Longboat Quay: Dublin flats stricken with damp and mould

Fire safety issues are not the only problem that residents have encountered at Longboat Quay.

Longboat Quay: Dublin flats stricken with damp and mould

At least one owner is understood to have initiated a legal action over the extent of damp and mould in her unit, and fears that the ceiling is not entirely safe.

Another resident to whom the Irish Examiner spoke said she is unable to use a built-in wardrobe because of the damage done to her clothes by the mould. She has also experienced ongoing problems with damp and mould discolouring her ceiling.

In total, there are 298 apartments in the two blocks, one of which looks out on the Liffey.

When the development was opened in 2006, three-bedroom units were selling for €565,000 while a two-bed could be purchased for €535,000. Martin McAleese bought two units for just under €1.2m. These were listed in Mr McAleese’s declaration of interests for Seanad Éireann in 2011 and there is no record of the units having been sold since. The Irish Examiner contacted the McAleese family through an intermediary, but no response was received.

When it opened, the selling jargon said Longboat Quay “has captured the public imagination not least because of its superb waterfront location, adjacent to the new Civic Square and within walking distance of all the city’s amenities. It also excels in design, specification, finishes and landscaping.”

The residents are made up of owner/occupiers, private tenants, and some other who bought through a shared ownership scheme operated by the DDDA.

One major question that arises out of this investigation is the quality of surveying that was conducted on behalf of purchasers. Most, if not all, of the units would have to have been surveyed before mortgages applications could have been approved. Since 2010, eight units have changed hands, all which must have again required the employment of a surveyor.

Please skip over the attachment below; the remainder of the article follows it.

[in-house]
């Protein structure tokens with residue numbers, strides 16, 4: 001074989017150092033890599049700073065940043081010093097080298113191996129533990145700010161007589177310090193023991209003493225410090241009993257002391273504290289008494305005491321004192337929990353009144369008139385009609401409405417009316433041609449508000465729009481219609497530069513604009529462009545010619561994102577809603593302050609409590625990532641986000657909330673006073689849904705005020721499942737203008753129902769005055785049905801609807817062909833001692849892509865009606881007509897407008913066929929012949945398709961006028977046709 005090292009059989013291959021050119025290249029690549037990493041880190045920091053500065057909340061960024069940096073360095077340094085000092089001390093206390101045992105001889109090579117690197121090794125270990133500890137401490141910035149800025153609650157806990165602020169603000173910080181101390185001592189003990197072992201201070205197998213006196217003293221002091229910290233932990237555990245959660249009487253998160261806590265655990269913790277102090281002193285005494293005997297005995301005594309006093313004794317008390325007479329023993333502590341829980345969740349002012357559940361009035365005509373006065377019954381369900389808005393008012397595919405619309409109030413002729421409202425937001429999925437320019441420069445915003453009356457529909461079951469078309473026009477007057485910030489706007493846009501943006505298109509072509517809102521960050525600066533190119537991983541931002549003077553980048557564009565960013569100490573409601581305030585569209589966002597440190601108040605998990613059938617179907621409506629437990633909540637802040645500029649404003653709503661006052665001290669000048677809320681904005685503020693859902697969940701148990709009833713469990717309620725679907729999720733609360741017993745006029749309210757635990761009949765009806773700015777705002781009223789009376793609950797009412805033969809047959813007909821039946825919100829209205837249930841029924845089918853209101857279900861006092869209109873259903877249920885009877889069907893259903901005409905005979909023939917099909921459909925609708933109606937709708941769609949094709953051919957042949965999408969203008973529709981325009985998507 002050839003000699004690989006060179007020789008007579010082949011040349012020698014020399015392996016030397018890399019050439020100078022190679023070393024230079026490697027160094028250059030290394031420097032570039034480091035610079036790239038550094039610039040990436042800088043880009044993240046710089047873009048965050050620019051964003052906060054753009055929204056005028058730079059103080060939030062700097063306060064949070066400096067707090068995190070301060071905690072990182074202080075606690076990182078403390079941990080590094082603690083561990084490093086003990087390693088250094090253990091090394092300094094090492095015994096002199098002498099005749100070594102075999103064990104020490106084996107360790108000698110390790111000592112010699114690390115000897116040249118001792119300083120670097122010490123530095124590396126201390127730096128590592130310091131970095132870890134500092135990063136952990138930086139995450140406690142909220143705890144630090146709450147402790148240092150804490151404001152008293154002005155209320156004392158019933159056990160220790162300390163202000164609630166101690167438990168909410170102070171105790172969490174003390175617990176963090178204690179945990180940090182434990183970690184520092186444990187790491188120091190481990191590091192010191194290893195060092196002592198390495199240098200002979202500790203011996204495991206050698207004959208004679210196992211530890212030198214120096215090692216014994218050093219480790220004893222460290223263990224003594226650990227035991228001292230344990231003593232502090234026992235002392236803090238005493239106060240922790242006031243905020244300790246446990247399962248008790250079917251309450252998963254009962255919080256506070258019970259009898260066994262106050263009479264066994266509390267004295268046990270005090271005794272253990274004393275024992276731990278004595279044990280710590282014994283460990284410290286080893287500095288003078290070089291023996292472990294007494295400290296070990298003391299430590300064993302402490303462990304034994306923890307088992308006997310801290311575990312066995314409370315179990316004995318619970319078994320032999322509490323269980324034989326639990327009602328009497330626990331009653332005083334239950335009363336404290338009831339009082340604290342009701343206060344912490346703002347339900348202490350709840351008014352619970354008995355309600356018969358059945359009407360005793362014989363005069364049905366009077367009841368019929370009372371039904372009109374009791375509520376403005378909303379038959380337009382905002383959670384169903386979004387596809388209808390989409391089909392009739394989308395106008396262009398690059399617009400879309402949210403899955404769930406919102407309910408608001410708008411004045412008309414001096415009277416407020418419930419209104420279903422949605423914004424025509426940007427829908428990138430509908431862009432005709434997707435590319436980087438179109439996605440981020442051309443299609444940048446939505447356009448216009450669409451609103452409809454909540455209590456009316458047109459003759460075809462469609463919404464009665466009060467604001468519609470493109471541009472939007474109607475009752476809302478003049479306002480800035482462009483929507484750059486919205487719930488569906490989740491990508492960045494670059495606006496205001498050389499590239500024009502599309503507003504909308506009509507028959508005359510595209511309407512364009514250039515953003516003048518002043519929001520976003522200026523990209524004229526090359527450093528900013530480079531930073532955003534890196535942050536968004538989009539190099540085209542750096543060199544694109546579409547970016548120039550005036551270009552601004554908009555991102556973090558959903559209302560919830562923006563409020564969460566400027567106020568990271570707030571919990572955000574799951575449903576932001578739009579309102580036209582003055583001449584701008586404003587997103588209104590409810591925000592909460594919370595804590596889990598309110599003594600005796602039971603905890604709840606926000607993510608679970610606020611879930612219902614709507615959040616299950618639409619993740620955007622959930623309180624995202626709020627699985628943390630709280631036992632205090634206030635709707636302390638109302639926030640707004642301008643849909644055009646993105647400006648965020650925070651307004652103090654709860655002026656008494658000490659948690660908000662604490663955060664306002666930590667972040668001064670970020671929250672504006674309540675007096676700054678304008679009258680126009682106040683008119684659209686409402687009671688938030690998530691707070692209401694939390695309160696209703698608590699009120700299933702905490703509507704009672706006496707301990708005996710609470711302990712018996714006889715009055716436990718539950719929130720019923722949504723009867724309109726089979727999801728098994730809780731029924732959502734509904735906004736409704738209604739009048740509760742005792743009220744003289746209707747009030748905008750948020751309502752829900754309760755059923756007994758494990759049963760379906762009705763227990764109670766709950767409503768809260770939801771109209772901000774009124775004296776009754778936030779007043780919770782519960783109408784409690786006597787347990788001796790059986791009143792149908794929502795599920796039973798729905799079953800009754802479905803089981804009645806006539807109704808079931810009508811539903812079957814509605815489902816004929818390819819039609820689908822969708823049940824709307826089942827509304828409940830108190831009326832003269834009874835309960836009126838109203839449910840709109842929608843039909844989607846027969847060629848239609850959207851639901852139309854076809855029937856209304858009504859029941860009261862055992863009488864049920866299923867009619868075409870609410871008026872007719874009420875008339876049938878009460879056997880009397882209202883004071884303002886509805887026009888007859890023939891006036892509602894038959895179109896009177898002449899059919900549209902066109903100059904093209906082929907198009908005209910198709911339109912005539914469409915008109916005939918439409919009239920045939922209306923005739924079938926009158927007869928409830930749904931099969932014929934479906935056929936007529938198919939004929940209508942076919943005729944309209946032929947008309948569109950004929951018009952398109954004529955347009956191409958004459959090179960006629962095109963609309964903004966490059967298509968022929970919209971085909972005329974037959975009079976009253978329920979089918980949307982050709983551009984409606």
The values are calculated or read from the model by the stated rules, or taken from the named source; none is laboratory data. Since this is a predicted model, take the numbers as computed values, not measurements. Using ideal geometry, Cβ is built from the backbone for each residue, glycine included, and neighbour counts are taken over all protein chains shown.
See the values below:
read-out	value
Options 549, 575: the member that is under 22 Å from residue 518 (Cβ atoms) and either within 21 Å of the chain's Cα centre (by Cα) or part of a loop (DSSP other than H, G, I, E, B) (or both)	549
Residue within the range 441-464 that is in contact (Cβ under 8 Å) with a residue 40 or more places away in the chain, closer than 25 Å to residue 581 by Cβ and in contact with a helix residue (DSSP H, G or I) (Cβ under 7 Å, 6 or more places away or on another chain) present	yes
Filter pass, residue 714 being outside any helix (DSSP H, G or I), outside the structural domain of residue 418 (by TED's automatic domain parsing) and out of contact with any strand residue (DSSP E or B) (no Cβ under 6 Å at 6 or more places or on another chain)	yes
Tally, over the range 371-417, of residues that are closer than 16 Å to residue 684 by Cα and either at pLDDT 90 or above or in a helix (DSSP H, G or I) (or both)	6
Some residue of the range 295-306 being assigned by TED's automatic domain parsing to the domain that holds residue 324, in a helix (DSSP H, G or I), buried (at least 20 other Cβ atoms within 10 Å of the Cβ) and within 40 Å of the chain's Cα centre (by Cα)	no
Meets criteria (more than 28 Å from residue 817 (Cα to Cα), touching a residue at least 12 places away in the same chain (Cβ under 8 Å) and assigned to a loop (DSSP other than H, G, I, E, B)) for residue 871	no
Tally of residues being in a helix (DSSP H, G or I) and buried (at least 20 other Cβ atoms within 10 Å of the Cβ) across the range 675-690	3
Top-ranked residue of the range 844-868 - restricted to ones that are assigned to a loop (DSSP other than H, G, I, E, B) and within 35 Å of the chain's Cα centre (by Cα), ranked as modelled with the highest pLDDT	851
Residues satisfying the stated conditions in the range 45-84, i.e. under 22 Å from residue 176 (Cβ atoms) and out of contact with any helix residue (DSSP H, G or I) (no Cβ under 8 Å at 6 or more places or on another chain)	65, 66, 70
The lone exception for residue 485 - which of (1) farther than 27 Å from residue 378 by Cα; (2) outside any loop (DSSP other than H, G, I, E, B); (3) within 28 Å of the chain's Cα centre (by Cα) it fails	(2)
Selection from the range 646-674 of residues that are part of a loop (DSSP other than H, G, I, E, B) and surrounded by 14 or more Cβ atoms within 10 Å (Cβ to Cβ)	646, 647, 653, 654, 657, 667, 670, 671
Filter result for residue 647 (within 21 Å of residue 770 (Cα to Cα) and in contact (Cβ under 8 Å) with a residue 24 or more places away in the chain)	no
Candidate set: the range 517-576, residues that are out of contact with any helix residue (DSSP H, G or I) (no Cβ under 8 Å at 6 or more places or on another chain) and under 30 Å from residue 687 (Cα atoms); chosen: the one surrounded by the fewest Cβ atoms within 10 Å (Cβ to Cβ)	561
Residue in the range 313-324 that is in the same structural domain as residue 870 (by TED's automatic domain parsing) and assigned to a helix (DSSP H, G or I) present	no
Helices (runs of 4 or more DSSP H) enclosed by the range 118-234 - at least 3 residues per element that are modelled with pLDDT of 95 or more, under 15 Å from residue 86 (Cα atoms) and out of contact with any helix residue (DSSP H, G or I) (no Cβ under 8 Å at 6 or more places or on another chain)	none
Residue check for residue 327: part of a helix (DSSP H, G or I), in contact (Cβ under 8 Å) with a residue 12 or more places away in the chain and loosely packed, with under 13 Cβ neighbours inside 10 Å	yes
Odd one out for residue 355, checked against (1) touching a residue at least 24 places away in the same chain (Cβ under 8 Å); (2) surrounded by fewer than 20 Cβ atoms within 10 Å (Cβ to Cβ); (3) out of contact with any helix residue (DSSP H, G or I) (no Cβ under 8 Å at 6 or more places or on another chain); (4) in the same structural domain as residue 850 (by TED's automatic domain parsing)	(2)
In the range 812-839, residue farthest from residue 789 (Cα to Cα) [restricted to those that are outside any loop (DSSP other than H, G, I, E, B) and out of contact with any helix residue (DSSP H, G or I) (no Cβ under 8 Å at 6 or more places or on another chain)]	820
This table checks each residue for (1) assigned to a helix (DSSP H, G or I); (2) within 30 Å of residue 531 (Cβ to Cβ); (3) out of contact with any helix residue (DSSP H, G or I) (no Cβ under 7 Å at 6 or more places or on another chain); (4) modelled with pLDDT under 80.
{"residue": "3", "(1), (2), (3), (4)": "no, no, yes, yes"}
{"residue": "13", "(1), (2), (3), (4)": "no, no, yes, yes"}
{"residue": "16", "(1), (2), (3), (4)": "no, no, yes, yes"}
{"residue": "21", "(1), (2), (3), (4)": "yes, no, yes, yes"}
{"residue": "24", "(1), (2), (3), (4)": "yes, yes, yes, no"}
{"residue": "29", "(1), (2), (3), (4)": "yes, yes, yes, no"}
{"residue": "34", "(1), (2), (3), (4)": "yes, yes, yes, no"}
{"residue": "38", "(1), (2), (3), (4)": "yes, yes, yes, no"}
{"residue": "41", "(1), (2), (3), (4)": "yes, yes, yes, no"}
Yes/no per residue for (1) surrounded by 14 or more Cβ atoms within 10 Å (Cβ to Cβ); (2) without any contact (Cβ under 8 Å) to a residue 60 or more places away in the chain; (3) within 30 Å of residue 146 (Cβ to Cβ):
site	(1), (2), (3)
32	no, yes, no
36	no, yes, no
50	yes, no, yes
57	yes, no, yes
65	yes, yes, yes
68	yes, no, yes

Yet what now appears to be extensive and widespread deficiencies went uncovered until last May.

One owner/occupier who contacted the Irish Examiner spoke of damp and mould in every room of her apartment except the bathroom.

“It’s coming through the wallpaper,” she said.

“Up through the walls and the skirting board.

“When I complained about it, a builder was sent around to me. He said to get a cloth and basin of hot water and wipe it off. He also said it was from condensation, that I shouldn’t be using the shower in the en suite, which I don’t actually use anyway. But the whole thing is crazy. It’s been nothing but trouble for the last two years.”

While the Dublin Docklands Development Authority says that all residents have been kept informed of all developments, this owner/occupier insists that she was not notified of any meeting, either last summer or more recently.

A public meeting was held last summer to inform residents, but some who have spoken to the Irish Examiner claim not to have been aware of the meeting, or aware of the seriousness of the items on the meeting’s agenda. Others owners approached by the Irish Examiner declined to talk about the issues.

Understandably, there is great fear among many of the residents about the value of their property. Apart from fears over safety due to the fire design deficiencies, there would also be worry that the issue will completely tighten any market for those wishing to sell.

Residents must also be concerned about the cost of the repair work. A spokesman for the DDDA said that the division of the cost between the DDDA, the management body, and the residents would be worked out after the repair work was complete.

This position requires much further scrutiny, particularly as residents are unlikely to be disposed to forking out big sums in light of what the matter has done to the value of their own properties, and taking into account that the DDDA is a public body, funded by the exchequer.

The damp is coming up through the walls and the skirting board

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